Today’s 5-second tactics
THE TRAPPER TRAPPED!
Chicago, 1973. Position after Black’s 15th move (15…Nc4). The Canadian star–who back in 1973 was probably one of the two best players in North America after Bobby Fischer–had had a great summer, winning virtually everything that he played in (Quebec International, Canadian Open, US Open, etc).
In this game Black’s strategy is built on his Knight on c4 inflicting damage on White’s position. No doubt Suttles and the spectators expected 16.Rb1, defending against the immediate threat…INSTEAD, Soltis played a shocker:
At first this seems like a blunder, but is infact a very strong move as we shall soon see.
In hindsight, while this move does not have the hoped-for effect, there is infact nothing better: 16…Nb6 17.a4! forces Black to retreat, when the defects in his position soon reveal themselves: 17…bxa4 18.bxa4 Be6 19.Qa6! Qc7 20.a5 Nd7 21.Nb5! etc.
WHITE TO PLAY AND WIN!
ONE PIECE TOO MANY…
Abramov Lev Yakovlevich
Moscow,1958. Position before Black’s 30th move. A curious position in that every single one of White’s pieces is in play, including his King! And this is the problem! Pity, really, since White’s pressure on the b-file and White’s Queen and Bishop duo on the Kingside would in other circumstances be unbearable for Black. But the moral is simple: you need to have your King tucked away safely!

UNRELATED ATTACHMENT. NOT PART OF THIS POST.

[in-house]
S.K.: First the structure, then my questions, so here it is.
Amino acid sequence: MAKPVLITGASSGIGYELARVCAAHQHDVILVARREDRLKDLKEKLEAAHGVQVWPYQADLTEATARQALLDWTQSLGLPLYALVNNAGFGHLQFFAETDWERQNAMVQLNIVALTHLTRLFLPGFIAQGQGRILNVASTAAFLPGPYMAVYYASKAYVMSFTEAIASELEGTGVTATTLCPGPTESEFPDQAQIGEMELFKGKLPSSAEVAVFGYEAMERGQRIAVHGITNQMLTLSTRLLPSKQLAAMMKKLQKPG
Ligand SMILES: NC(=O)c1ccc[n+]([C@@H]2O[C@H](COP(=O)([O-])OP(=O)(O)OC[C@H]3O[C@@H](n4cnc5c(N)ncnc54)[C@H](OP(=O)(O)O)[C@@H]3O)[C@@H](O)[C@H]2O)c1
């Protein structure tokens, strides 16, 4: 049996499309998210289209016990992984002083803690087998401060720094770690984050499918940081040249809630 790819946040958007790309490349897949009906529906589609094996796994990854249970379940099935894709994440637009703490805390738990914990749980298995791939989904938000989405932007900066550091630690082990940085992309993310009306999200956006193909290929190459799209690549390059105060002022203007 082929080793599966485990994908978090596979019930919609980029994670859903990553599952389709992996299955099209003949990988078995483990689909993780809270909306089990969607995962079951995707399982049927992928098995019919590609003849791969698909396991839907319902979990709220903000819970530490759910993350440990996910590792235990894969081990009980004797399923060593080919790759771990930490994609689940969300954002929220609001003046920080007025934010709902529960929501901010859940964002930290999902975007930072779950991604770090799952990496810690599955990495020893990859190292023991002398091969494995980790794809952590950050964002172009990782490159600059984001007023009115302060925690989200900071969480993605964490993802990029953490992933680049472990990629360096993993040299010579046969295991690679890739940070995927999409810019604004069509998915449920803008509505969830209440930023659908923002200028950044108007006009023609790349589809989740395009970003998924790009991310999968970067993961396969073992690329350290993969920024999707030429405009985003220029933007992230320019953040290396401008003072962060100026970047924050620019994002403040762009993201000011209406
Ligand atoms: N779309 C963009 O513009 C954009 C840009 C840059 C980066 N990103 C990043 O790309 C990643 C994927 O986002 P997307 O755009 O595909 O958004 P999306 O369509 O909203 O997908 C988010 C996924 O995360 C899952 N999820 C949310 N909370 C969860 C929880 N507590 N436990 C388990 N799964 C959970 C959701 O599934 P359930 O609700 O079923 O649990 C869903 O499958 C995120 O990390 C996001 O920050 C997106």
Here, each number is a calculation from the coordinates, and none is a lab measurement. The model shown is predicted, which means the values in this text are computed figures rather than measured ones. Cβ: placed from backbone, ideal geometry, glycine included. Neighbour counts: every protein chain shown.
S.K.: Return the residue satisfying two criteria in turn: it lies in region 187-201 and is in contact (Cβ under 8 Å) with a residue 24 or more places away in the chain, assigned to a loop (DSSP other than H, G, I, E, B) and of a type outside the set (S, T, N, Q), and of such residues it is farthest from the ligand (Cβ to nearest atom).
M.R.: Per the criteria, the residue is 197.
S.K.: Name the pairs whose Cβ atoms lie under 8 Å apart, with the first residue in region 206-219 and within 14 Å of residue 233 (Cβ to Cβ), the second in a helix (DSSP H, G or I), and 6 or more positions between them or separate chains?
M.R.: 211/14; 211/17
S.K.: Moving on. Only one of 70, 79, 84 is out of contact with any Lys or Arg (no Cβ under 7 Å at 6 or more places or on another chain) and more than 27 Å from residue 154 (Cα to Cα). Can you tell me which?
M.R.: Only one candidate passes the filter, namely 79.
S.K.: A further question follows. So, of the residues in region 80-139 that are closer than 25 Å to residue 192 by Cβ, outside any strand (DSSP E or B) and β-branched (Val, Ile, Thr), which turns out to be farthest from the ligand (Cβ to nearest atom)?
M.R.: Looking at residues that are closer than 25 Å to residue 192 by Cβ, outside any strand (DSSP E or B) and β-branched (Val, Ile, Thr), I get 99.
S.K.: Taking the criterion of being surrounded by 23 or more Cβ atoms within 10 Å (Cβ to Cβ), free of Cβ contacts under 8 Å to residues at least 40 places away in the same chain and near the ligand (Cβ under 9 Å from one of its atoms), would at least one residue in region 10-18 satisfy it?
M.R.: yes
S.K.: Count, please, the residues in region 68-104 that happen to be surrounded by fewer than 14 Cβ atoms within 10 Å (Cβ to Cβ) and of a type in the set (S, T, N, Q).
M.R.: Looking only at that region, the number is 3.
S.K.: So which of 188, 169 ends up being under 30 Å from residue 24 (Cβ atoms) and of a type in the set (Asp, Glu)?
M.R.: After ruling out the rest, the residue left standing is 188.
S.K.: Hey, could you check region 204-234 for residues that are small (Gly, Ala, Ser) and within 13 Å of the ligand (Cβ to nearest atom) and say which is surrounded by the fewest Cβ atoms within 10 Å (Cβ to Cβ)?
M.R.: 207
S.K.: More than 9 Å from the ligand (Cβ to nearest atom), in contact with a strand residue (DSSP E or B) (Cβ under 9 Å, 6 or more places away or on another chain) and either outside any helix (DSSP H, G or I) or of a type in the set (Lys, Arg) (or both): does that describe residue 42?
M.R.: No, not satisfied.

BLACK TO PLAY AND WIN!
Moscow 1958 Abramov Lev Yakovlevich–Vatnikov Josif E 30…Qc5+! 31.d4 Qxd4+! 32.Kxd4 Rxf4+ 33.Ke3 (Only defence. 33.Kd3 RxQ 34.Rxb7? Rg3+) Rxg4 34.Kf3?! (A better try is 34.Bf3, but White is lost anyway. A possible finish would be 34…Rh4. 35.Rxb7? Bh6+ etc) 34… Rag2! Now the King can not get out of the mating net 35.Ke3 Bh6+ 0-1
Chicago 1973 Soltis, Andrew–Suttles, Duncan: 17.Qxd7+! Qxd7 18.Rxd7 Kxd7 19.Nxe5+!! The key to understanding the position! The Knight on b2 can not escape and in the meantime the Black Rooks can barely avoid being lost. The game continued 19…Ke6!? ( 19…fxe5 20.Bxe5 etc and if instead 19…Ke7 20.Bg4! ) and now Soltis won the game with 20.f4, but it was later shown that 20.Bg4+ would have been faster